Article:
There was the Thanksgiving when I was alone at my son and daughter-in-law’s place in Tucson (well … not completely alone, if you count my grand-dog, Chloe). I signed up to help serve a community Thanksgiving meal at the Salvation Army, and by the end of the day I was exhausted. But in a very good kind of way.
Earlier that morning, my daughter Summer texted from New Jersey: “I hope you have an unexpectedly fun day today.” Thanksgiving that year will go down as one of the most unexpectedly fun Thanksgivings ever. Although I didn’t eat the food or drink the beverages, it was an unanticipated day of feasting.
And then there was the Thanksgiving dinner the year my daughter and son-in-law and the grands moved back to Oregon from New Jersey. They got the keys to their new home on the Monday before Turkey Day, and I drove over the mountains to help them unpack. One of the pastors from their new church invited the entire gang to their holiday meal. The couple pushed furniture aside and set up two tables in their living room. Tablecloths. Dinnerware. Glasses.
It was the loveliest thing to do: invite eight extra people to their table when they could have had a quiet three-generation holiday celebration by themselves.
Fast forward to this year. My daughter and son-in-law were given use of a lovely vacation home in the Phoenix area. With their oldest daughter and oldest son and his new wife now living in Arizona, it was the perfect opportunity to get their entire family together.
There were twelve people at our table … or, I should say tables, because we carried the dining table outdoors, lined it up with the patio table, and set twelve mismatched chairs around, careful not to touch the large saguaro cactus growing nearby.
Dan slow-cooked the turkey in an oven bag, using the gas grill as an oven. My granddaughter-in-law and I made pumpkin desserts. While I kept the pots and pans washed, my oldest Ugandan-born grandson smashed potatoes, sautéed onions and fresh green beans for a green bean casserole, and layered sweet potatoes into a dish, drizzled with chipotle sauce and popped into the oven. My daughter roasted Brussels sprouts and carrots, made the stuffing and gravy, and set out the rolls with a bowl of her scrumptious handcrafted cranberry sauce.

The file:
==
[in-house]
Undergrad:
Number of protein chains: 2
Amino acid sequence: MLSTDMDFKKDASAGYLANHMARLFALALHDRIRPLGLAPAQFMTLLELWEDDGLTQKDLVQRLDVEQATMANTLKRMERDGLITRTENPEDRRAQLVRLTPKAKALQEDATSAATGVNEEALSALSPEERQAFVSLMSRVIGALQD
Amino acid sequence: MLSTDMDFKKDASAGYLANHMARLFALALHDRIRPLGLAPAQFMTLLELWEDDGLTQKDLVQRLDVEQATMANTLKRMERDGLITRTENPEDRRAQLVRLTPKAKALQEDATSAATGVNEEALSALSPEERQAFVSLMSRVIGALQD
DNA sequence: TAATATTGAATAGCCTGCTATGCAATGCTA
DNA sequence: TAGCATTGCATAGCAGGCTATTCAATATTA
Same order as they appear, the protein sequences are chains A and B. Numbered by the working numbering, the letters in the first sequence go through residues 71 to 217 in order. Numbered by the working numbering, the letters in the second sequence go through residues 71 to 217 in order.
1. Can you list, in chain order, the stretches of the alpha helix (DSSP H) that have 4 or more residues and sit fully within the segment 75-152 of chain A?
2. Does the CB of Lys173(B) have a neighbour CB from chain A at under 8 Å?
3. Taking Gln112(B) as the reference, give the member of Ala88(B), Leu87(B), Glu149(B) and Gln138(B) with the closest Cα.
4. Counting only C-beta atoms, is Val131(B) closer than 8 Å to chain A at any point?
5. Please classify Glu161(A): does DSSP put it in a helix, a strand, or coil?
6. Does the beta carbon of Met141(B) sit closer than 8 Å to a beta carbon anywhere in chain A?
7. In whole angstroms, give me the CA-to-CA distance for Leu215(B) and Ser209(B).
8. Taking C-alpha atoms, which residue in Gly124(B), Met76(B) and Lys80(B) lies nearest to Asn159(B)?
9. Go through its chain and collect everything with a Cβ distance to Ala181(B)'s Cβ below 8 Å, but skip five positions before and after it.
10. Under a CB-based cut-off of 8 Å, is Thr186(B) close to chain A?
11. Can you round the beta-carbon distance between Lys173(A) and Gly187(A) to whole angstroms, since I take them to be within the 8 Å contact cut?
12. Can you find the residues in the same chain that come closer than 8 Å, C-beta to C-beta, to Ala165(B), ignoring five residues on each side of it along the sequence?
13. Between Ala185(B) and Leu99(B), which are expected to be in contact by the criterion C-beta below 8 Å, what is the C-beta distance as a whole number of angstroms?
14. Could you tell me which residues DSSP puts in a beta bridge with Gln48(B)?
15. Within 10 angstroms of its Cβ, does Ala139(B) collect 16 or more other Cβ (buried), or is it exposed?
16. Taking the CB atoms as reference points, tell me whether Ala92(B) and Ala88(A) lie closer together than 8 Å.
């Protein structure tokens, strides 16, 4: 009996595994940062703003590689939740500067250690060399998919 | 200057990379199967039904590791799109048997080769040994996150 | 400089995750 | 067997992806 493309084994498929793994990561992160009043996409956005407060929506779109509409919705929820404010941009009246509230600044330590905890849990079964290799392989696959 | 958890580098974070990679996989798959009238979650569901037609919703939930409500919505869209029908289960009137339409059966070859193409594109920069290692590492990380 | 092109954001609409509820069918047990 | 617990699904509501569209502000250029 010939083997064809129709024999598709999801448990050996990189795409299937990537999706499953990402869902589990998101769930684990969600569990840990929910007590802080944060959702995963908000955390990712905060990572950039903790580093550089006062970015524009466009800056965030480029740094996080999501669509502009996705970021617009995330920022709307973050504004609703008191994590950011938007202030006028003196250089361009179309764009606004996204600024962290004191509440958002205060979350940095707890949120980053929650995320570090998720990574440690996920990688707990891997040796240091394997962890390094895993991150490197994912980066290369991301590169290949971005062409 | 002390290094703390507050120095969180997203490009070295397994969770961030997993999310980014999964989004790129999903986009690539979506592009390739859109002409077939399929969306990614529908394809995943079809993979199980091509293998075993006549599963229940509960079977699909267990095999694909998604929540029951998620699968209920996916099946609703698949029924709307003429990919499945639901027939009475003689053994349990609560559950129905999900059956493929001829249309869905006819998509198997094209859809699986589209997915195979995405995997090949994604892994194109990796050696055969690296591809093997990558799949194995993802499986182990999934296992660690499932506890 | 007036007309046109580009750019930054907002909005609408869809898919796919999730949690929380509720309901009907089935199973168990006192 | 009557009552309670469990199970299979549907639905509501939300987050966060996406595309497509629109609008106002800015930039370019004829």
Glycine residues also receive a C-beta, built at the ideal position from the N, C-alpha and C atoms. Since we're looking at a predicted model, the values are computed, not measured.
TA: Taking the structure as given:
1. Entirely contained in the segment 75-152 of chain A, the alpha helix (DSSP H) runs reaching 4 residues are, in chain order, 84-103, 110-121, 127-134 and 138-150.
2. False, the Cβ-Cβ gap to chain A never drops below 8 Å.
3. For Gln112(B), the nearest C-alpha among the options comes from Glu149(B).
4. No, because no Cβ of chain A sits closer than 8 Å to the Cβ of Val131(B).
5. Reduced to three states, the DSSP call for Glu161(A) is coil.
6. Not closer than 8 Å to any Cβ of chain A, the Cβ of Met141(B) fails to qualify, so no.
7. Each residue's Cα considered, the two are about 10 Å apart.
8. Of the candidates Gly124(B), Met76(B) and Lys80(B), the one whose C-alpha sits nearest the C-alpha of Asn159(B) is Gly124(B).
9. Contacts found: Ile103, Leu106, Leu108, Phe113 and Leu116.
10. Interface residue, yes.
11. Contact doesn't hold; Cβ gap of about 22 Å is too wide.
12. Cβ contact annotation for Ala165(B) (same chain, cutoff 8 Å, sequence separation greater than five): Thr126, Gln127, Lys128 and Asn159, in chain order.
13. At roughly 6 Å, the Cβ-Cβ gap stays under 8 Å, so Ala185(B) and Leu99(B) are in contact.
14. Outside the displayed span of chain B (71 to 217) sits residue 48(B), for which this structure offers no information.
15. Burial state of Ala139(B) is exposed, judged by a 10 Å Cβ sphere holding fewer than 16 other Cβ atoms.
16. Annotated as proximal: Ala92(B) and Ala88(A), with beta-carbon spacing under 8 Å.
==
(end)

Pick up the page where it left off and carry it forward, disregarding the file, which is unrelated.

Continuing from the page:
There was much laughter as we gathered around the table in the sunshine near the saguaro cactus—sharing amazing food and stories and what we were thankful for. This outdoor feast with the temps in the low 70s will surely go down as one of the more memorable Thanksgivings. Ever.
In her book Bread and Wine, Shauna Niequist wrote:
They say the way to a man’s heart is through his stomach. I believe that’s absolutely true. Not that the way to land a guy is by baking him cookies, although it never hurts. But that if you can satiate a person’s hunger, you can get a glimpse of their heart. There’s an intimacy in it, in the meeting of needs and the filling of one’s stomach, that is tied to the heart.
How important are family gatherings and friend gatherings, and celebrations and tables laden with food? Critically important.
I believe God invented gathering places. He created food and the art of cooking, and He crafted our taste buds to enjoy the food. It was God who generated laughter and the ability to share stories and remember memories.
We have the choice of inclusion—the choice to invite people in, and the choice to accept the invitations of those who want us around their tables.
As Thanksgiving passes and another Christmas and Hanukah season begins to twinkle and sparkle, what if we invited people to join our holiday celebrations? What if we accepted the invitations of people who want us at their tables? What would that look like?
I think it would look like tidings of comfort and joy.